The English writer Sebastian Faulks is one of those curious novelists whose predilection for well-told stories and popularity with readers often have seemed impediments to serious regard.
That’s a bit unfair because, with its knowing nods to Trollope, Dickens and Tom Wolfe, A Week in December — his ninth work of full-length fiction — is a formally ambitious, intelligently entertaining, rather provocative novel of contemporary manners. Moreover, while the story is deeply rooted in today’s London, if you tweaked a couple of the characters slightly and adjusted some of the social style for local nuance, the author’s essential points could just as aptly apply to Manhattan’s Upper West Side or, for that matter, Brentwood Park.
In this country, Faulks probably is best known for his so-called Anglo-French trilogy — The Girl at the Lion d’Or, the bestselling Birdsong and Charlotte Gray which made a rather fine film starring Cate Blanchett. His 2005 novel Human Traces, an intricate exploration of psychiatry’s intellectual and scientific origins, never quite got the attention here it deserved, but his 2007 book, a faux-James Bond novel called Devil May Care, commissioned by Ian Fleming’s estate to commemorate the centenary of his birth, sold in the millions. (About it, the less said the better, though even the late Kingsley Amis took a lucrative crack at writing an approved Bond knockoff under the pseudonym Robert Markham.)
A Week in December marks both a return to form for Faulks and a bit of a departure, since previously his most notable books have worked their plots out against a historical background. This one is every bit of this moment — and frequently astringently so.
The plot unwinds across seven days before Christmas 2007. A newly elected member of Parliament’s ambitious wife, Sophie Topping, is planning an elaborate holiday dinner party to advance his career. Over the next seven days, Faulks follows several major characters who either are among the invited guests or whose lives intersect with theirs in some crucial way.
There is the loathsome John Veals, a billionaire hedge fund manager plotting his next big score, a marginally legal series of maneuvers that will gut a major international bank. Gabriel Northwood is a bookish young barrister given to reveries on Roth, Bellow and Updike while baffled equally by his lack of success and the handful of briefs that recently have landed on his desk. Through one of these, Gabriel will find a kindred spirit in Jenni Fortune, a daughter of Irish immigrants who makes her living driving a train on the Underground’s Circle Line but lives for the literary novels in which she loses herself during every free moment.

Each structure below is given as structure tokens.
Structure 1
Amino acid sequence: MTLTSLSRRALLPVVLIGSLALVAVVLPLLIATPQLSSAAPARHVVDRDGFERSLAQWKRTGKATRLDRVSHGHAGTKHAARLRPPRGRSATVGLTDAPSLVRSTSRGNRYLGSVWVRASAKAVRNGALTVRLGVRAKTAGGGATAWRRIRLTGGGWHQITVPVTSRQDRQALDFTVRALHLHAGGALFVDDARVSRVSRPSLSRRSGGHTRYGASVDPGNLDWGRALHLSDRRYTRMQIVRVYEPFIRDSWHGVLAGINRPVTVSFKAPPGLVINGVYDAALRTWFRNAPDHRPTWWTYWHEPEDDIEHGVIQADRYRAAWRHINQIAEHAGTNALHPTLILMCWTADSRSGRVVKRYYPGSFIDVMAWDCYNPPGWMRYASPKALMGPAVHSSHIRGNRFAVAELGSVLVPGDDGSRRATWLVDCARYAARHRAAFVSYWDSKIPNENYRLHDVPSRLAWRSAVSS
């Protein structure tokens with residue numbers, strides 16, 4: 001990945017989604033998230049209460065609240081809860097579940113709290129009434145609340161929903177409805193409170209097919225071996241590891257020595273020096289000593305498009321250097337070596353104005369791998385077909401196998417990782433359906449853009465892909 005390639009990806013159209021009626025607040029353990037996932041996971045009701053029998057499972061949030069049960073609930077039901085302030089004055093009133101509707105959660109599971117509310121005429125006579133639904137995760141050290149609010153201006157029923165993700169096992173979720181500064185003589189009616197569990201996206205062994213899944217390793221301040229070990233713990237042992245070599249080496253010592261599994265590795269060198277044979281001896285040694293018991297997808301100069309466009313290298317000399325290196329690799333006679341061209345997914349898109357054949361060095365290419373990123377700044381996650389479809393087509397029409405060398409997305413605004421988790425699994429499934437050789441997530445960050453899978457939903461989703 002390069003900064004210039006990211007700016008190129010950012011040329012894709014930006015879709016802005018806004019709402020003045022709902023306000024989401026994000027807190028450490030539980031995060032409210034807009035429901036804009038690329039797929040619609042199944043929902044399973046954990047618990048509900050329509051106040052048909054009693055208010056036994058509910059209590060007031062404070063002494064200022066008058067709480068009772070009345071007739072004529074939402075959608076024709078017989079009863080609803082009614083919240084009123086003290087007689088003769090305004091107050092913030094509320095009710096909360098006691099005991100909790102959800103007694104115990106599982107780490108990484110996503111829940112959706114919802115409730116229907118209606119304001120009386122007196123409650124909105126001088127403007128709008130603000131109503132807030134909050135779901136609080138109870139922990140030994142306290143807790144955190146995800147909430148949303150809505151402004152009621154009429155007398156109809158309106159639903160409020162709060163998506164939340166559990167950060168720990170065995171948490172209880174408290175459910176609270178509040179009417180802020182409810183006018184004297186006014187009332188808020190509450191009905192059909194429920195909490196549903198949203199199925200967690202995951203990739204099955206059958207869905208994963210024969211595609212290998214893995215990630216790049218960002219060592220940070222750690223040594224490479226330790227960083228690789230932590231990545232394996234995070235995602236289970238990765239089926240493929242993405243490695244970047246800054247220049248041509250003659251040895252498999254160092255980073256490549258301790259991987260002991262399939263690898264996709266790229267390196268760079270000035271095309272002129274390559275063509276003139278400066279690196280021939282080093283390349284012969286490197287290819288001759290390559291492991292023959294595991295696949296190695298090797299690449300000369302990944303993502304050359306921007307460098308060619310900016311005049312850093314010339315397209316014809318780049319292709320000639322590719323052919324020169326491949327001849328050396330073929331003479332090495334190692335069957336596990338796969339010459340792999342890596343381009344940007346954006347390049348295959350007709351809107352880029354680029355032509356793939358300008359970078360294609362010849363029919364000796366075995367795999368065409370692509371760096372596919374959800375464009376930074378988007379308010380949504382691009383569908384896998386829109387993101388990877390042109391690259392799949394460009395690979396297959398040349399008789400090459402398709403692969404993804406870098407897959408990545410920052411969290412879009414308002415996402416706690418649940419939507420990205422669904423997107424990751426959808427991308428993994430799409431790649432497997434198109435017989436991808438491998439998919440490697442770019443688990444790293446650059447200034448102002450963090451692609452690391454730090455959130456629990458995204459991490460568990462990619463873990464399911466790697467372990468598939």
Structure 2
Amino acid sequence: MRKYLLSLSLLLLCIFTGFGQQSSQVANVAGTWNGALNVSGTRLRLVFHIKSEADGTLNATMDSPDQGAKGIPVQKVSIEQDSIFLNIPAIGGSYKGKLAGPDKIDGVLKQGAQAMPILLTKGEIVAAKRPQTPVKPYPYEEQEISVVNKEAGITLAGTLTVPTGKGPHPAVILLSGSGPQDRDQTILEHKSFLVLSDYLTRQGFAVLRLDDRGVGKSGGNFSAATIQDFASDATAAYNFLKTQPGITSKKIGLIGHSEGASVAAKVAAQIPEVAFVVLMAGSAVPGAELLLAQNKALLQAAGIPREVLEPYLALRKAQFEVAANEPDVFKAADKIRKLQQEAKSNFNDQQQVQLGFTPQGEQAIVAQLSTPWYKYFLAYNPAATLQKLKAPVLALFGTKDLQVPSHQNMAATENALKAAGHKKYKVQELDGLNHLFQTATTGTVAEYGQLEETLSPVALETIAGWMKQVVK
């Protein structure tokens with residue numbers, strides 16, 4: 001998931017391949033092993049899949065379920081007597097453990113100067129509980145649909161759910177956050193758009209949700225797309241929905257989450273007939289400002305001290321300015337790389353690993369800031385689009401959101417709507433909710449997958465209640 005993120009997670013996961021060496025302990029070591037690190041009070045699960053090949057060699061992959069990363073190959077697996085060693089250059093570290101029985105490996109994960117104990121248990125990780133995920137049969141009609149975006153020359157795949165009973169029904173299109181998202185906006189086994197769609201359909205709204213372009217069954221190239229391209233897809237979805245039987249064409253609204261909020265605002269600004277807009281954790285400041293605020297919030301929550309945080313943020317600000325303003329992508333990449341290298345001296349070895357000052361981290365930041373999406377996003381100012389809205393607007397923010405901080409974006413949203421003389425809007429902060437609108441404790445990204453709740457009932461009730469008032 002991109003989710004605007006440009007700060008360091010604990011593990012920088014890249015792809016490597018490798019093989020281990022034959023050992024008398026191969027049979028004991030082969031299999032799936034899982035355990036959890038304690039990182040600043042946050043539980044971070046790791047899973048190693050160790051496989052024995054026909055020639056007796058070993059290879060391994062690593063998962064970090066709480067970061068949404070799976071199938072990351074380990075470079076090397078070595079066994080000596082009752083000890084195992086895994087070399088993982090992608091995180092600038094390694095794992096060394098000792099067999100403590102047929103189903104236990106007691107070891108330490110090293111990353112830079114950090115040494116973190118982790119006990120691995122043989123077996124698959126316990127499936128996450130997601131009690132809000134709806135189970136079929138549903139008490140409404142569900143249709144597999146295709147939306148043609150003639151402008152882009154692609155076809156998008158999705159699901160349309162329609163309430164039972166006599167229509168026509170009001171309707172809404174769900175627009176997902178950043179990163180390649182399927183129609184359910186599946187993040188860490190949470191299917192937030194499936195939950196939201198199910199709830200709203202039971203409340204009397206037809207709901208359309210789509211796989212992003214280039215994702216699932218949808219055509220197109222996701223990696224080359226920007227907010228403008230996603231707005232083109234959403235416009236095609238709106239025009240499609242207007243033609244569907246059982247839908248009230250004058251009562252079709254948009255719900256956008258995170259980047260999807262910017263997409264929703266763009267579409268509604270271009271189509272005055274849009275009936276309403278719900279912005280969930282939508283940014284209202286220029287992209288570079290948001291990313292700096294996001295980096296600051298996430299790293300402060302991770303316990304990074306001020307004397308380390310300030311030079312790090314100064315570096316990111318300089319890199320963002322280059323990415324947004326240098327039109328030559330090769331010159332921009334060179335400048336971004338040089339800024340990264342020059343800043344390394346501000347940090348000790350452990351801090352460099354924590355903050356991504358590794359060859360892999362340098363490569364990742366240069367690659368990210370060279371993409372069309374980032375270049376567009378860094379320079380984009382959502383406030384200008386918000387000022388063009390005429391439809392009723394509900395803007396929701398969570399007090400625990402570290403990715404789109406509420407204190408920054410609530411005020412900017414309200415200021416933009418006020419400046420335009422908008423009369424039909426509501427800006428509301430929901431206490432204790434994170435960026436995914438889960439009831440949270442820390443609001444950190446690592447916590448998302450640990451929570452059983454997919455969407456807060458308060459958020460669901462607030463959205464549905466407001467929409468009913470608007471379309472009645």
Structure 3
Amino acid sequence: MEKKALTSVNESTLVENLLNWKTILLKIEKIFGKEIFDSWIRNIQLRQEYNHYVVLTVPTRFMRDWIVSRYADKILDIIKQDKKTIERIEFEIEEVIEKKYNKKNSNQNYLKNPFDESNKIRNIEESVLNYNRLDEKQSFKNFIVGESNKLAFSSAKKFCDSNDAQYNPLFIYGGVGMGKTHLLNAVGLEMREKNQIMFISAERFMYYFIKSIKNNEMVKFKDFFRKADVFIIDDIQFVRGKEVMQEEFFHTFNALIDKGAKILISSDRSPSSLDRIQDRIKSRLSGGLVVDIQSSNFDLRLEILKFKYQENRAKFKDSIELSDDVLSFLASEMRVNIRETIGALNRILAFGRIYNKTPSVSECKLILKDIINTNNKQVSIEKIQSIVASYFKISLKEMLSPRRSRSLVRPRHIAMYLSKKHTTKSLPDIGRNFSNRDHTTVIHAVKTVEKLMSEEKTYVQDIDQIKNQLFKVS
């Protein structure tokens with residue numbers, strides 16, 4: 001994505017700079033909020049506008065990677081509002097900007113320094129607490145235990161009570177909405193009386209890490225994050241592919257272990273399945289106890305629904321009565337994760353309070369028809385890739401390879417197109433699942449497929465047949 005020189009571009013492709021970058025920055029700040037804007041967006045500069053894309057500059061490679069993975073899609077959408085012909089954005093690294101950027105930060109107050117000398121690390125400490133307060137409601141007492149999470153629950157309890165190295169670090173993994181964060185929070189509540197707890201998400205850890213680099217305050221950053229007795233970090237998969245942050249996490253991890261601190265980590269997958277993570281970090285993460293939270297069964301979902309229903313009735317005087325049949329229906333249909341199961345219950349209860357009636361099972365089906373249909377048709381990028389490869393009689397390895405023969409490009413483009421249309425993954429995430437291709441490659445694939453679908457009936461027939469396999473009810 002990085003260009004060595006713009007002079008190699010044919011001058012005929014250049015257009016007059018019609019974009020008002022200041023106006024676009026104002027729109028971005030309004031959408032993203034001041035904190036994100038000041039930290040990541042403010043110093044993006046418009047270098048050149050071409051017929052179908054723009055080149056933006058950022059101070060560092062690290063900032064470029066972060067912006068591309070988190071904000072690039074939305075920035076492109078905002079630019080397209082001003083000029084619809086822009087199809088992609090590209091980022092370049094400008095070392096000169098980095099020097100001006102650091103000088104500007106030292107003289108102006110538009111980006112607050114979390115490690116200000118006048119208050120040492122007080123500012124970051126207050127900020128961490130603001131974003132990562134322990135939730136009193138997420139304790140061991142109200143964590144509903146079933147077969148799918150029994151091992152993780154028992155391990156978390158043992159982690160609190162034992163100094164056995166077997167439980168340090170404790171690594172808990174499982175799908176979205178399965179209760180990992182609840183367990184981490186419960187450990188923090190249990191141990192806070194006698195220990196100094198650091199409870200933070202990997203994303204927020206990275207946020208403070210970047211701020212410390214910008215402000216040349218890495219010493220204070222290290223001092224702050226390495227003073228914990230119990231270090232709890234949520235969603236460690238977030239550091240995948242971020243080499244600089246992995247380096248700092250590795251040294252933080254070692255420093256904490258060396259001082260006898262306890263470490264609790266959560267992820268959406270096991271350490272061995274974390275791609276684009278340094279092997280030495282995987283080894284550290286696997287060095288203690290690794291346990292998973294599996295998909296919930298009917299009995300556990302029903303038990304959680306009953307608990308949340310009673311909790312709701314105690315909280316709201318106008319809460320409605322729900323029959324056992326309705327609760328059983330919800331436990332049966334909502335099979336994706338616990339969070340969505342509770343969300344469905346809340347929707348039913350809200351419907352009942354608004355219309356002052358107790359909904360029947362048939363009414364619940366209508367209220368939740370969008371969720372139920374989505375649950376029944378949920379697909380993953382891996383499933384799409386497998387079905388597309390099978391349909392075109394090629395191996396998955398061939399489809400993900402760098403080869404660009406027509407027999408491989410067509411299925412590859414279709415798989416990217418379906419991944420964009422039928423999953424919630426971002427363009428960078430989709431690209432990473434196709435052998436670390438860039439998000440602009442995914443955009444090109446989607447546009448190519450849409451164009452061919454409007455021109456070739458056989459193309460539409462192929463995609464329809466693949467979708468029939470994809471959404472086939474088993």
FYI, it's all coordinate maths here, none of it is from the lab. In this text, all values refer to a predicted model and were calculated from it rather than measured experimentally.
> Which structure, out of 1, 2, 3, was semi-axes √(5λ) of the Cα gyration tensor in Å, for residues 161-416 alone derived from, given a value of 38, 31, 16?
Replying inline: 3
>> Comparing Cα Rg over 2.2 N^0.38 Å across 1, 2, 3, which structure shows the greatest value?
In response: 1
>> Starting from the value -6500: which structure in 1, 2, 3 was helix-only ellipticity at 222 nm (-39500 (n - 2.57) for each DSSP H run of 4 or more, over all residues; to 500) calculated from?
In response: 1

There are also Farooq and Nasim al-Rashid, chutney magnates, religious Muslims and big political donors. Farooq is slated to receive royal honors for a career built on lime pickle, and he’s worried about whether he’ll be able to discuss books with the queen, and so has retained another of the guests — an odiously vindictive book critic, Ralph Tranter, who also presides over Sophie’s posh book club’s meetings — to tutor him on literary matters. Cognizant of the sovereign’s tastes, the critic recommends mystery writer Dick Francis to Farooq. (The queen doesn’t show up, and Farooq has to make do with Prince Charles.)
Meanwhile, the al-Rashids’ beloved son, Hassan, has fallen in with radical jihadis and, on the night of the dinner party, is set to participate in the suicide bombing of a mental hospital. Finally, there’s an immigrant Polish soccer star, Tadeusz “Spike” Borowski, who is personally obsessed with online dictionaries but stands in for the English obsession for Premier League football.
Not all these characters are as well-developed as one might wish, but Faulks — who began as a feature writer for the Daily and Sunday Telegraph and moved on to become literary editor of the Independent — has a reporter’s keen eye for telling details and a propulsive mastery of narrative that takes full advantage of a structure that, in hands less sure, might come across as a trifle too pat. Suffice to say, the week builds to Sophie’s dinner party, which manages to be every bit as gruesome as one would imagine without being in the slightest bit exceptional.
Although A Week in December is a novel — at times, a comedy — of contemporary manners, Faulks’ preoccupation is the inner vacuum that those manners and frenetic activities conceal — a lack of human connection, the contemporary urge to supplant the real with the virtual. When not plotting to acquire his next billion pounds through the ruin of other people, Veals cruises Internet porn while his wife pursues a life of her own. Their son, Finn, is left to lose himself in a pseudo-reality television game show and to smoke “skunk”, the powerfully hybridized marijuana that ultimately pushes him to a psychotic break.
Veals is, in some sense, the embodiment of the emptiness that Faulks places at the center of the story. It somehow doesn’t seem appropriate to brand him a materialist, since the essence of his acquisitiveness involves dealing in derivative securities so attenuated from the activities of the real economy that they constitute a “virtual” commodity. “I have mastered this world,” he thinks to himself on the eve of his latest plot’s consummation. “To me there is no mystery, no nuance and no complication; I am a man alive to the spirit of his time, the one who hears the whispers on the wind.”
At the other pole of willful disconnection stands young Hassan al-Rashid, who has lost himself in the counterfeit canon of fundamentalism. It gives only a little of the plot away, however, that his end is less nihilistic than Veals’. One need only wonder what might happen to a coddled son of wealthy parents who forgets to eat and suffers an attack of hypoglycemia while on his way to martyrdom.
In Faulks’ deftly drawn contemporary London, he could lose paradise — and still get the girl.